3. Renewal. This saint lived between the 16th and 17th centuries. From the intellectual and cultural point of view, he gathered the best of the previous century to pass it on to the following century, "reconciling the heritage of humanism with the tendency towards the absolute characteristic of the mystical currents". All this, together with a "B theological dignity": putting the spiritual life (prayer) first and also assuming the dimension of ecclesial life (feeling in the Church and with the Church) in the theological task. And in this way he points out that the theological method does not go hand in hand with individualism.
4. Discernment. He discovered that in his time a new world was opening up, where there was also a "thirst for God", although in a different way than before. It was necessary to respond to this "with old and new languages". He knew how to read the moods of that time. He said: "it is very important to look at the condition of the times". And so he was able to elaborate a fruitful spiritual and pastoral synthesis, centered on the relationship staff and on charity. He also knew how to proclaim the Gospel anew in a flexible and at the same time effective way.
In conclusion, the Pope observes: "This is also what awaits us as an essential task for this change of era: a Church that is not self-referential, free from all worldliness, but capable of inhabiting the world, of sharing people's lives, of walking together, of listening and welcoming". This is what Francis de Sales did, reading his time with financial aid of grace. Therefore, this doctor of the Church invites us to "get out of the excessive preoccupation for ourselves, for the Structures, for thesocial image, and to ask ourselves rather what are the concrete needs and the spiritual hopes of our people".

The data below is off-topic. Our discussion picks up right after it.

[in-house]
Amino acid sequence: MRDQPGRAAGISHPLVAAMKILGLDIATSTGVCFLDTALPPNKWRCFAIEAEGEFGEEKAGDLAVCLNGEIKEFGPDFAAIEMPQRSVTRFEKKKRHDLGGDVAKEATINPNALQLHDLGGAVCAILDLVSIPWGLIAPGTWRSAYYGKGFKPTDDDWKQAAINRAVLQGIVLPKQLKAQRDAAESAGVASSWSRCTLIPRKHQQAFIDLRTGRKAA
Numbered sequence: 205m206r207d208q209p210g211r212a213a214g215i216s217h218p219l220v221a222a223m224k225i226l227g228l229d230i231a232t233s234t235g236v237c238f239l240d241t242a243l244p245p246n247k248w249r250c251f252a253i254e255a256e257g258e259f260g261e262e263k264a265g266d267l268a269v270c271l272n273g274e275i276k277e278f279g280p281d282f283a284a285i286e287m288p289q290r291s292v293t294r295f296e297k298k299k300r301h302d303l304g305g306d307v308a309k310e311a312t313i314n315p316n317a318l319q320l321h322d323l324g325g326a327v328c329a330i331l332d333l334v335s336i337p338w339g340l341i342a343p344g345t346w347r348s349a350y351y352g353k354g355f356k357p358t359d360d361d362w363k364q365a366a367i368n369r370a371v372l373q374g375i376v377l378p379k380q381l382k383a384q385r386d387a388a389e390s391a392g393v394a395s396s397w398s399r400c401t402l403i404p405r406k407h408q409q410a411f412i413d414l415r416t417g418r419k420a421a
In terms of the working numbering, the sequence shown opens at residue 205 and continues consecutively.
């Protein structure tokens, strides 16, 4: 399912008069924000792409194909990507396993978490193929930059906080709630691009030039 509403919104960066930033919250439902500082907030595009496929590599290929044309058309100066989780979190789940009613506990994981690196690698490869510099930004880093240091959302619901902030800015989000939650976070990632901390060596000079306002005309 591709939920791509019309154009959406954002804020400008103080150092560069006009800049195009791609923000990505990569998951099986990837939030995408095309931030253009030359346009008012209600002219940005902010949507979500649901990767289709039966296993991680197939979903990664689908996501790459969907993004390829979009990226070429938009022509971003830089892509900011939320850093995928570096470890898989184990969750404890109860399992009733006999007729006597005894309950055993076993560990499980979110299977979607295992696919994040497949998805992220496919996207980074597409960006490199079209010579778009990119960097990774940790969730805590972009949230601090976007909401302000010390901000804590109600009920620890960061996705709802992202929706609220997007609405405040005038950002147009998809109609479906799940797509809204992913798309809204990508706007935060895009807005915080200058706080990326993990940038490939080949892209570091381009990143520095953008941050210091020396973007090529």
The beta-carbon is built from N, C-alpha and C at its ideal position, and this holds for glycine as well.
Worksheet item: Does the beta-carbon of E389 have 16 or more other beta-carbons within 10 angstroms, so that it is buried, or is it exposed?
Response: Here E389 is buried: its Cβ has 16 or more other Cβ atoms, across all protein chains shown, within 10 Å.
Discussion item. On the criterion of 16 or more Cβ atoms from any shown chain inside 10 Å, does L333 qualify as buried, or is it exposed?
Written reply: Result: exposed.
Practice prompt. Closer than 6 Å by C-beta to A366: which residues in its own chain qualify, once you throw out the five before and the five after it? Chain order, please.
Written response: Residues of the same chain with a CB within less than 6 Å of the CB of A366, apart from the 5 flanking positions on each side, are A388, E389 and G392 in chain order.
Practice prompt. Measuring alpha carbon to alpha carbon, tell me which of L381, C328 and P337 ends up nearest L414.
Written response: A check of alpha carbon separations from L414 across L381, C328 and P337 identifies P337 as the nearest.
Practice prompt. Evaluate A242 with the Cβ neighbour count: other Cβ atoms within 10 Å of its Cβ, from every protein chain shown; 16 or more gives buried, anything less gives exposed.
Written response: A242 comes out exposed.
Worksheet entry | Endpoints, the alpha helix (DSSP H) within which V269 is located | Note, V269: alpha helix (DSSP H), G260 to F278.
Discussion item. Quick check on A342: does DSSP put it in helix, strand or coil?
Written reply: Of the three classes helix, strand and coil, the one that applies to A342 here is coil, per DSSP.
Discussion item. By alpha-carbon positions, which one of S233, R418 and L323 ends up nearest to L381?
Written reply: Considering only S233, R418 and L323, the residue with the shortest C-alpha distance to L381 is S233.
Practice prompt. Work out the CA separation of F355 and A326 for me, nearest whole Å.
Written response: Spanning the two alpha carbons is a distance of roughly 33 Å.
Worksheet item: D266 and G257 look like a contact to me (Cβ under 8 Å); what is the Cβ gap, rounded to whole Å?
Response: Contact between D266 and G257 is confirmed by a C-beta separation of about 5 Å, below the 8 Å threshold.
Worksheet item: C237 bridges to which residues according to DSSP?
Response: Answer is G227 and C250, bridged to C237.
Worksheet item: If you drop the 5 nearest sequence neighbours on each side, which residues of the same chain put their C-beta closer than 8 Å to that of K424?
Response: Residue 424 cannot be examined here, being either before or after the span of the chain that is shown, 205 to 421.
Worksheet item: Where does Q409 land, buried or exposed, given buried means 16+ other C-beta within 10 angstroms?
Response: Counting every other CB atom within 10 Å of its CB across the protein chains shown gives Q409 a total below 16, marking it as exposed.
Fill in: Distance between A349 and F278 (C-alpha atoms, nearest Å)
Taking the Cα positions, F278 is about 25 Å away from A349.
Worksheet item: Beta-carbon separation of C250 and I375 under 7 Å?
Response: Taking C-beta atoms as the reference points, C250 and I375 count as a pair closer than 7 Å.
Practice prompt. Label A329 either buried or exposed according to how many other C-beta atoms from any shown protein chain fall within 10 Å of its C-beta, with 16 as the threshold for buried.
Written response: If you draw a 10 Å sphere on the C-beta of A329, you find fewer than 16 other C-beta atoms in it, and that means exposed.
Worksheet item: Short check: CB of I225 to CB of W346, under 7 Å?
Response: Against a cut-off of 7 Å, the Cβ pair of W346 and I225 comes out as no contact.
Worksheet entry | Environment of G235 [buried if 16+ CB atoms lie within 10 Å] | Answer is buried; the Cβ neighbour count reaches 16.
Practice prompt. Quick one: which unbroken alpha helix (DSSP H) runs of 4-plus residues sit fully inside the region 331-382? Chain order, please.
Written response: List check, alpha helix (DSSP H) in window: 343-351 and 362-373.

1. "Repropose" freedom (in Christian perspective), in the framework of the initiative of divine grace and of the partnership of our human action.
To reformulate the question of true "devotion": not as a simple set of more or less pious or ascetic practices, but rather as a manifestation of charity, something like what a flame does with respect to fire. And, therefore, going to the root of devotion, which is holiness, for all Christians in every state of life, also in the "secular city".
3. To present the Christian life as "ecstasy of work and life", in the literal sense of the term ecstasy (going out). That is to say: the "joy of faith" that arises when we go out of ourselves towards God and others. And not as a set of obligations: "It is not living in us, but outside of us and above us", in "a perpetual ecstasy of action and operation".
Pope Francis had already said it and now takes it up again: "The great risk of today's world, with its multiple and overwhelming offer of consumption, is an individualistic sadness that springs from the comfortable and greedy heart, from the unhealthy search for superficial pleasures, from an isolated conscience. When the interior life is closed in one's own interests, there is no more room for others, the poor no longer enter, the voice of God is no longer heard, the sweet joy of his love is no longer enjoyed, the enthusiasm for doing good no longer palpitates. Believers also run this risk, which is certain and permanent. Many fall into it and become resentful, complaining, lifeless beings" (Apostolic Exhortation Evangelii Gaudium, 2).
4. Consider, as a criterion for discerning the truth of this lifestyle, charity towards one's neighbor: if there is no charity, the "ecstasies" of prayer can be illusory and even come from the devil.
5. Keep in mind the profound origin of Christian love that attracts the heart (because spiritual life cannot exist without affection): "the love (of God) manifested by the incarnate Son". That is, Jesus Christ, in his whole life and especially on the cross. For this reason, says this holy doctor, "Calvary is the mount of lovers".